Sometime around 9:30 in the morning on Thursday, Dave Rohlfs, assistant manager at Texas Ribs and BBQ in Clinton, noticed that the parking lot behind the restaurant was “filling up with suits and black SUVs.”
“Every once in awhile, one of them would come and ask to use the restroom,” Dave’s brother and general manager Mark Rohlfs recalls. “We’d ask what was going on. At first, they said they were doing a survey. Later on they said, ‘Someone very important will be coming to visit you.’”
Around 11:15, a waitress told Mark that the Secret Service wanted to talk to him. He went to the lobby. “I talked to somebody from the White House, and there was a Secret Service man standing with him, who said, ‘The president of the United States would like to have lunch here if that’s okay.’ I said, ‘That’s fine with me.’ About 10 or 15 minutes later, I was standing at the door and up drives The Beast, the presidential limo.”
Obama bounded out of the car, jacketless, white sleeves rolled up, tie loosened. “What’s up?” Mark remembers Obama saying. “Where can I order some ribs?”
Mark pauses. “It was like a dream,” he says. “It just didn’t seem real.”
POTUS ordered two racks of baby back ribs, which came with sides of beans, coleslaw and Texas toast. “Hot sauce,” Obama added. “Gotta be hot.”
Then he plunged into schmoozing, stopping at each table to shake hands and chat. At every table, he introduced Sen. Ben Cardin (D-Md.), who accompanied the president. Cardin, who ordered a smoked brisket sandwich, looked out of place in his suit and tie and stiff politician’s grin, like a little brother watching his charismatic sibling working a party.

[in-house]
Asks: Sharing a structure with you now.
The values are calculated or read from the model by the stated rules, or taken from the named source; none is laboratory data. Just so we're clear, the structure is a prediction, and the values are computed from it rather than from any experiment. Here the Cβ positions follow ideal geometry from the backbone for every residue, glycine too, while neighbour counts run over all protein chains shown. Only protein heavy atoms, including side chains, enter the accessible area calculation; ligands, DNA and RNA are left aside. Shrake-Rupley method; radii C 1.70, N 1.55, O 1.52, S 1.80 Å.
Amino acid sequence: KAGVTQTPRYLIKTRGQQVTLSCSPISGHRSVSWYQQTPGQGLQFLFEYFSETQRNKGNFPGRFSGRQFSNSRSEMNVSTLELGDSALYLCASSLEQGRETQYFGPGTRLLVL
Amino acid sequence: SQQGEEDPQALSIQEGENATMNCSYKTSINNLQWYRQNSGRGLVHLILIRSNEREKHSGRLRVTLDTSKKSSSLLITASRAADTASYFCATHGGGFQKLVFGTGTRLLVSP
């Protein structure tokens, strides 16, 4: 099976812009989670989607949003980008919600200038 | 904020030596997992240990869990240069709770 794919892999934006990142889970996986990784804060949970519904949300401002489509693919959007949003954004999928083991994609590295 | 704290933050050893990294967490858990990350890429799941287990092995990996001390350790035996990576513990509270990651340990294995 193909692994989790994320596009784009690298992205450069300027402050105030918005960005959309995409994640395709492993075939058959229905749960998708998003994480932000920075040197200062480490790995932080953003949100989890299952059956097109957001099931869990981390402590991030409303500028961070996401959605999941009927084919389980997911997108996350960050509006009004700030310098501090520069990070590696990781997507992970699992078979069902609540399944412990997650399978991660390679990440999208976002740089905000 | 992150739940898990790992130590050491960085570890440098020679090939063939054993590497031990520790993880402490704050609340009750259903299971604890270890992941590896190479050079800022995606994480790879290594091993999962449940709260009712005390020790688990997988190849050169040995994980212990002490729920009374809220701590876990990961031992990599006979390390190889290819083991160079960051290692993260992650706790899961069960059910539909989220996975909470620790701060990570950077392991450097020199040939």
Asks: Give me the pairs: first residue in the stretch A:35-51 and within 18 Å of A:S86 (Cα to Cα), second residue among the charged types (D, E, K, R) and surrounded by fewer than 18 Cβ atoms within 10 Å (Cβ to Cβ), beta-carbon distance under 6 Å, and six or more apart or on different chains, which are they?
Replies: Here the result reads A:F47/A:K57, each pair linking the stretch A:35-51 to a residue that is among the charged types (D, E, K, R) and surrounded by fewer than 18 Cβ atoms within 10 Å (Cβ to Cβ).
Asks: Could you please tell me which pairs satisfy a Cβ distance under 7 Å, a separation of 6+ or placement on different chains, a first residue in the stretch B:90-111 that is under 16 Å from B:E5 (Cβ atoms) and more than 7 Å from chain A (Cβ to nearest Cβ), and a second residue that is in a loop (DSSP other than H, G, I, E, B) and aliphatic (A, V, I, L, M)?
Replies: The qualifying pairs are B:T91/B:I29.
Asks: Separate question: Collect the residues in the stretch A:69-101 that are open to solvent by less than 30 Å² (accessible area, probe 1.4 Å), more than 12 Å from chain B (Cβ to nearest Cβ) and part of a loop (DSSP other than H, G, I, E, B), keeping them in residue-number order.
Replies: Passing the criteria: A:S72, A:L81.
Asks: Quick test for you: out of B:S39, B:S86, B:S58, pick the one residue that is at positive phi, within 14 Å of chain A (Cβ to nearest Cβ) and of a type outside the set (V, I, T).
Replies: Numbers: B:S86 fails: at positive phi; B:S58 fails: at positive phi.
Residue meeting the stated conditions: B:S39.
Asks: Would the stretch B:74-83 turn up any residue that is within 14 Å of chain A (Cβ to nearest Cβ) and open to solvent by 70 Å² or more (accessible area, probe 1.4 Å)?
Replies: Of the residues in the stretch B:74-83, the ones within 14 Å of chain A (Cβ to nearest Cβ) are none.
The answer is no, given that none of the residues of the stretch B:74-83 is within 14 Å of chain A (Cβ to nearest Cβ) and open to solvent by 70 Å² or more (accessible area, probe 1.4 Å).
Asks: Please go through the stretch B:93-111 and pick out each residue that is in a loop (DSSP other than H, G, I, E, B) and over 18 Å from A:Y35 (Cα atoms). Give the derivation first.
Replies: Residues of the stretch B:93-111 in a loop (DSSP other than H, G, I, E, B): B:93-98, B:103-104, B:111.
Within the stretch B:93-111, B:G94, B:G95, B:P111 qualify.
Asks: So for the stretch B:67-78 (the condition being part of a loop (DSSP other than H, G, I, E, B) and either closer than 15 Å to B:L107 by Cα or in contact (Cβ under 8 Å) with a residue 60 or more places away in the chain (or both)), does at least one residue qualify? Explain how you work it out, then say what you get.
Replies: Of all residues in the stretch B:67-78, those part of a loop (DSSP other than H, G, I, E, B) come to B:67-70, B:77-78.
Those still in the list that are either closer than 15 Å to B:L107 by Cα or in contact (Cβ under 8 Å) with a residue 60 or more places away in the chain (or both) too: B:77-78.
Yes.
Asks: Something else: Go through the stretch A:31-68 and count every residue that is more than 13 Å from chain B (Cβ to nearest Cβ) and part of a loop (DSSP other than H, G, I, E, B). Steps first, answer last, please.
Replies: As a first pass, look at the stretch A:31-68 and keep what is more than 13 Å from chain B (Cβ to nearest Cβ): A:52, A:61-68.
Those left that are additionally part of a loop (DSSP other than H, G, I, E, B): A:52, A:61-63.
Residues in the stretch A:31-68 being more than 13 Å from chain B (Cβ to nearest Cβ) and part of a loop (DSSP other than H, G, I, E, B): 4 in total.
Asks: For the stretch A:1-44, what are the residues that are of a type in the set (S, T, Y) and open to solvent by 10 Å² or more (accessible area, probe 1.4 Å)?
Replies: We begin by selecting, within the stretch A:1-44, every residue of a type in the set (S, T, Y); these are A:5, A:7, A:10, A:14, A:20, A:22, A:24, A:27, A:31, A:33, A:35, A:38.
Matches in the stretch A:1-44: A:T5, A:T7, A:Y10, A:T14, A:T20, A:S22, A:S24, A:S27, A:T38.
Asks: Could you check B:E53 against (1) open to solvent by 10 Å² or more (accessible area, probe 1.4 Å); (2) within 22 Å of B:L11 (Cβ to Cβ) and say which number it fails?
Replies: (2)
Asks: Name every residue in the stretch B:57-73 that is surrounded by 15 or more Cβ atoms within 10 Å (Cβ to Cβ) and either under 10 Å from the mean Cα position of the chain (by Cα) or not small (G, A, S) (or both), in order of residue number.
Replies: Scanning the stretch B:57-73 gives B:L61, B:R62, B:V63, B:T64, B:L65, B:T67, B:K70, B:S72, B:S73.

Owner Danny Sager, who is opening a second Texas Ribs and BBQ in La Plata, had just returned from Florida and happened by the eatery. His wife, still in Florida, called. “She was on the phone about our credit card and asked the representative where she was located,” Sager says. “‘India,’ the woman said. ‘By the way, I see the president is in your restaurant now.’ And my wife called me, just whoopin’ and hollerin’.”
Texas Ribs and BBQ is a casual joint that opened in 1997. Its knotted pine walls are decorated with Texas longhorn cattle horns and framed photos of military planes. It is located fairly close to Andrews Air Force Base, which may have played a part in the president’s choice.
“We get a lot of activity from Andrews,” Mark Rohlfs says. “ATF. Air Force One. Secret Service. Helicopter pilots. They all eat here. They may have passed on the word about us. I asked the Secret Service the direct question. I got an answer of a head shaking back and forth. But I assume being so close to Andrews has something to do with it.”
Smoke Signals agrees. For all of his local restaurant grazing, Obama had yet to visit an area barbecue house. Of all the places he could have picked, it is interesting that he chose Texas Ribs and BBQ. The choice handed the president a political two-fer.
On the one hand, he played to his base. Blacks, who voted overwhelmingly for Obama in 2008, comprise 80 percent of the population of Clinton, a hard-scrabble town a few miles southeast of Washington. On the other, he reached out to a more Republican-leaning constituency, the military.
On March 6, Republican presidential candidate Rick Santorum ate at Corky’s Ribs & BBQ in Memphis. He won the Tennessee primary held the same day. On Monday, March 12, he ate at the original Dreamland BBQ in Tuscaloosa, Ala. The next day, he pulled off a surprise victory in Alabama’s primary.
Nobody is saying that if you eat at a local barbecue joint, you’ll win an election, and Maryland is a Democratic state that went handily for Obama in 2008. But if you’re looking for a photo op, there are few places better than at a joint that serves the people’s food.
Heaven knows, the price is right. Obama’s tab — $50.83. He left a hefty tip.
The restaurant kept the receipt and plans to display it, but the cashier who took Obama’s order, Judy Joseph, knew the total without looking. “I’ve been playing those numbers on Keno, hoping they hit.”
Shahin on the “radio”. I’ll be discussing the state and future of barbecue, from about 9:15 to 9:30 p.m. today, on the Barbecue Central BBQ Show, an Internet radio program. You can catch the live stream at OutdoorCookingChannel.com.